A Statistical Analysis of Judicial Nominations, and More from CRS

For a variety of reasons, from institutional lethargy to calculated tactical opposition, the rate at which the Obama Administration’s judicial nominees are confirmed by Congress has become painfully slow, to the detriment of the judicial system and the possibility of justice itself.

A new Congressional Research Service analysis of judicial nominations and confirmations since the 1980s found that the duration of the confirmation process is now extraordinarily long even in those cases when it concludes successfully.

“President Obama is the only one of the five most recent Presidents for whom, during his first term, both the average and median waiting time from nomination to confirmation for circuit and district court nominees was greater than half a calendar year (i.e., more than 182 days),” the CRS analysis determined.

See President Obama’s First-Term U.S. Circuit and District Court Nominations: An Analysis and Comparison with Presidents Since Reagan, May 2, 2013.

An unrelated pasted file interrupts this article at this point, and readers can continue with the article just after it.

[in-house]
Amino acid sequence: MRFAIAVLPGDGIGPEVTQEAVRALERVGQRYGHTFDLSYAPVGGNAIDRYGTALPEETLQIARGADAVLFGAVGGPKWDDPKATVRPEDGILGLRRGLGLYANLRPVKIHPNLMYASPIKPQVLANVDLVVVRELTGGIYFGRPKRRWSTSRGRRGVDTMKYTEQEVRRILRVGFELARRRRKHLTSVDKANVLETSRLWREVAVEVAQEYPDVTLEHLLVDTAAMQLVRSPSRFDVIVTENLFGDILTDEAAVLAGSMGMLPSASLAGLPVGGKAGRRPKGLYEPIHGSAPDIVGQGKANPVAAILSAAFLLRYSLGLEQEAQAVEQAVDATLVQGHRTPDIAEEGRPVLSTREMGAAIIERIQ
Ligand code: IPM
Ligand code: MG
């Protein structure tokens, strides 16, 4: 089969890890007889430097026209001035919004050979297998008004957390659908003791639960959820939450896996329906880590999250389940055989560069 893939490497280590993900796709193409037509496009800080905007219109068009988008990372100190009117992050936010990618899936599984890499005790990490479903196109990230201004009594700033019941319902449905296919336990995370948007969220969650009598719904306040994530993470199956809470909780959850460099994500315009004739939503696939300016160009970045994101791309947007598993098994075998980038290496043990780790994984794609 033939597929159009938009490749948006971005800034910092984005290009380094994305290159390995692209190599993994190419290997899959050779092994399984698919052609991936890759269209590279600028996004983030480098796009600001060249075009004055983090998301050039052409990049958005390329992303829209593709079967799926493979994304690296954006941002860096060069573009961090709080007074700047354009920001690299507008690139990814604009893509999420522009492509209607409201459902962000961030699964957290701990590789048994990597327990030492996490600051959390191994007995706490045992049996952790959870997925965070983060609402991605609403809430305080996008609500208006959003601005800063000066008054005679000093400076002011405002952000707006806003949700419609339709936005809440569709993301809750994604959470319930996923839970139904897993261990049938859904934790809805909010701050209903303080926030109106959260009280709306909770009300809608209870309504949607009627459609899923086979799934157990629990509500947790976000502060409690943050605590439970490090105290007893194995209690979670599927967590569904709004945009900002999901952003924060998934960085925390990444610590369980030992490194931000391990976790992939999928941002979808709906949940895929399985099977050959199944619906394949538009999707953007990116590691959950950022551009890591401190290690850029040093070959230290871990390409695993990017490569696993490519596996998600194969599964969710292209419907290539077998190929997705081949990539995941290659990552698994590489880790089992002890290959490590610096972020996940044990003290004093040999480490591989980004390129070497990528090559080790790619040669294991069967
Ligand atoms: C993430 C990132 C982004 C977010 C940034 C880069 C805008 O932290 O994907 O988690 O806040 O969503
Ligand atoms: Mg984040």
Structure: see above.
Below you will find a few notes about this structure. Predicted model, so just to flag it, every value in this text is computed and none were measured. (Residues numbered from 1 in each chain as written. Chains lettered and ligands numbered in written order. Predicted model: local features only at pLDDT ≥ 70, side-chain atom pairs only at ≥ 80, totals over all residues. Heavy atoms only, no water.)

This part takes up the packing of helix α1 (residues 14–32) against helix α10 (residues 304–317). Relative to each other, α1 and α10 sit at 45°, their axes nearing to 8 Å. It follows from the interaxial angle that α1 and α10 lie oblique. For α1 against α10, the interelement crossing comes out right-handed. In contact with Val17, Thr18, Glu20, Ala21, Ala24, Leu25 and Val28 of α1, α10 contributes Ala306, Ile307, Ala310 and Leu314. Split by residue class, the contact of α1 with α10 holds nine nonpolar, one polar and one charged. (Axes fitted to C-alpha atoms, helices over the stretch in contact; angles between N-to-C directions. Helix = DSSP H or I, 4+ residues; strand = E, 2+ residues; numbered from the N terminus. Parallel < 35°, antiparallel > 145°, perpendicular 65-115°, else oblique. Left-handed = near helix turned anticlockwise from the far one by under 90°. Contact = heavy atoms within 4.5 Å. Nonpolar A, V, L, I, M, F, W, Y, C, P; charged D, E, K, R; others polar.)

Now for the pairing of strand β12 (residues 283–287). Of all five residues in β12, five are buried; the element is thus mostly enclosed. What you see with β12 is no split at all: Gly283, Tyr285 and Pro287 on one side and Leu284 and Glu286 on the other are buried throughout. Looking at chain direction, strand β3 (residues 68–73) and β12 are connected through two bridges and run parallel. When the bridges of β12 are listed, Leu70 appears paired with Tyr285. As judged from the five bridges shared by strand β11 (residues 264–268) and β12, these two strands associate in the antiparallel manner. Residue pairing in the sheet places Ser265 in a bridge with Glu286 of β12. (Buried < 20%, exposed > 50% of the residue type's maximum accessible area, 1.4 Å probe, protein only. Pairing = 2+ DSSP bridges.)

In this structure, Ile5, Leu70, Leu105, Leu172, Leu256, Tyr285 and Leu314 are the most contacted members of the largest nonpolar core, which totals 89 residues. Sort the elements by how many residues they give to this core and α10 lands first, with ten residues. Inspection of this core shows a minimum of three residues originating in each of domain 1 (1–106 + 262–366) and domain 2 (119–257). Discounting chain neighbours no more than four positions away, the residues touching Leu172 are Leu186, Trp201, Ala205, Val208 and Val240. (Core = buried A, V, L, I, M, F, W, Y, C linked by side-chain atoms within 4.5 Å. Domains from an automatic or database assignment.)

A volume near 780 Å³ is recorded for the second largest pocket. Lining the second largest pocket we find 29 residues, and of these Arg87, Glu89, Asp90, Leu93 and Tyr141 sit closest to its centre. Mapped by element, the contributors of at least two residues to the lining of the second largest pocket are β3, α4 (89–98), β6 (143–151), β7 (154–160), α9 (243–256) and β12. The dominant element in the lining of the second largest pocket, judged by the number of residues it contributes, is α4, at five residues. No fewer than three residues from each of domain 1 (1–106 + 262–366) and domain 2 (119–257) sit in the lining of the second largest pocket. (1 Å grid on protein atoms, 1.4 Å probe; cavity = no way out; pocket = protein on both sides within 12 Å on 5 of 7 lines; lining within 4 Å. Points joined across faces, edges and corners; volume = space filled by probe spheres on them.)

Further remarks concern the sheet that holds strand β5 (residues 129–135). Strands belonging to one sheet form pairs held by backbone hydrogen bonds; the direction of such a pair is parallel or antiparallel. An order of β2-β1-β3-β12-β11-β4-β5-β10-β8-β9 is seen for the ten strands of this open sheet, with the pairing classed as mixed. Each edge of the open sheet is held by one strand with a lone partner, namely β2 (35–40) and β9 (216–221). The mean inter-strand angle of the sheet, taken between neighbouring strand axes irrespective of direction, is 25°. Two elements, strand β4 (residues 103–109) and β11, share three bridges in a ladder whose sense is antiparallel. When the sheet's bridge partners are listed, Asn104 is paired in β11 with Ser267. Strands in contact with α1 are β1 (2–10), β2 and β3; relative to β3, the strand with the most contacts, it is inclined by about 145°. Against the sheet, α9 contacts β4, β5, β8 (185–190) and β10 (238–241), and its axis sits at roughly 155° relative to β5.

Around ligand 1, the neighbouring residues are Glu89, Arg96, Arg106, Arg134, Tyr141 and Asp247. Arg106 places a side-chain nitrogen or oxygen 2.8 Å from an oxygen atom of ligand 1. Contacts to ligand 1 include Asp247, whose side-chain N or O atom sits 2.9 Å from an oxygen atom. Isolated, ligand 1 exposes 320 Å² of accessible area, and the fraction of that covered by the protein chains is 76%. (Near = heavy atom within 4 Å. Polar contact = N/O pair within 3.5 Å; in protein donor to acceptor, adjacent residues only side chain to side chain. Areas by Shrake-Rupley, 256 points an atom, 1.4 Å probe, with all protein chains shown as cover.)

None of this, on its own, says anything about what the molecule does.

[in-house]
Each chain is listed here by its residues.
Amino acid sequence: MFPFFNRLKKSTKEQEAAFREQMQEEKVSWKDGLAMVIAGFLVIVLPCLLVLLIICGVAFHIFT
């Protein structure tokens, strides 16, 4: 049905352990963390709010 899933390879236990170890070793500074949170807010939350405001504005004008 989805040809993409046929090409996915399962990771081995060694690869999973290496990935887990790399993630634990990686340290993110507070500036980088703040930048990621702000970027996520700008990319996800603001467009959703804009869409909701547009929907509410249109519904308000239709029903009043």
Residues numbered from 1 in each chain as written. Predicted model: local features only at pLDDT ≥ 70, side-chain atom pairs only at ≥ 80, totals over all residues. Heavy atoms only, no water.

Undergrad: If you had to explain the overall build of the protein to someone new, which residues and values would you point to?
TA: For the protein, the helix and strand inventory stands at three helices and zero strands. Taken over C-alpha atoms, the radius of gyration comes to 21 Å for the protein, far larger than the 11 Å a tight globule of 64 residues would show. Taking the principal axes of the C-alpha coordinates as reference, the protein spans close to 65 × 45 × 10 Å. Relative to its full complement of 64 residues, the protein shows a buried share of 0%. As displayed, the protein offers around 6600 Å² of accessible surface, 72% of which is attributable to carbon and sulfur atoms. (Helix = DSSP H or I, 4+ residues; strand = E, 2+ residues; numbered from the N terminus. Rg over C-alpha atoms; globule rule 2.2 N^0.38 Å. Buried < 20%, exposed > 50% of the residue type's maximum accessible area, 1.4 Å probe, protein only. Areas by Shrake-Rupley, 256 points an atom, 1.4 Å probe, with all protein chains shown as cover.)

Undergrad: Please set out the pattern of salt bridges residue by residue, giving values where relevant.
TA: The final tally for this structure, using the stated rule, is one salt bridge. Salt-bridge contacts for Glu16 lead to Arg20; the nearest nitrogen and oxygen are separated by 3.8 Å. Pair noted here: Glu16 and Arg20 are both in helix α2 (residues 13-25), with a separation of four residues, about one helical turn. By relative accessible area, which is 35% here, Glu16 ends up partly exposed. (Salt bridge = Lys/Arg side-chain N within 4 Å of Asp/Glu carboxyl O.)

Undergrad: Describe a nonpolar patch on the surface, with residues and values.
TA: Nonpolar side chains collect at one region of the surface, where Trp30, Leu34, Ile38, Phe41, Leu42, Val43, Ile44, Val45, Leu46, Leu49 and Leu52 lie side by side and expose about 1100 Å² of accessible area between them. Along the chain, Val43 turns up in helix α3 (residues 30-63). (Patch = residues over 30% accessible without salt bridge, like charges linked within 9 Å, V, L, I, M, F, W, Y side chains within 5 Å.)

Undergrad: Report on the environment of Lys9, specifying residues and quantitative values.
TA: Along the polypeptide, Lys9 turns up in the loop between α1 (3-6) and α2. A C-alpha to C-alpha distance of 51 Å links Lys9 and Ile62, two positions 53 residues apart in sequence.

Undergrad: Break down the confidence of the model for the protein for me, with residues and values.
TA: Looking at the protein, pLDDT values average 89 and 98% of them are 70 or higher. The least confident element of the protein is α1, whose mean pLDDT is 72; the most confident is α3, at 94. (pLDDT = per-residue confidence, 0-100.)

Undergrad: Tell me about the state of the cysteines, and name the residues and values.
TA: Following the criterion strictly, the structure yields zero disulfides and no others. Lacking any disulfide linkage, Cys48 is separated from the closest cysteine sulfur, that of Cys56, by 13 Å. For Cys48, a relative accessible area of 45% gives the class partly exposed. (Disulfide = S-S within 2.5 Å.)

Some other new or newly updated CRS reports that Congress has not made readily available to the public include the following.

Legislative Branch: FY2013 Appropriations, May 2, 2013

Extending Unemployment Compensation Benefits During Recessions, May 2, 2013

U.S. Household Savings for Retirement in 2010, April 30, 2013

Counting Regulations: An Overview of Rulemaking, Types of Federal Regulations, and Pages in the Federal Register, May 1, 2013

Budget Control Act: Potential Impact of Sequestration on Health Reform Spending, May 1, 2013

Japan-U.S. Relations: Issues for Congress, May 1, 2013

Armenia, Azerbaijan, and Georgia: Political Developments and Implications for U.S. Interests, May 1, 2013

The United Nations Human Rights Council: Issues for Congress, April 30, 2013

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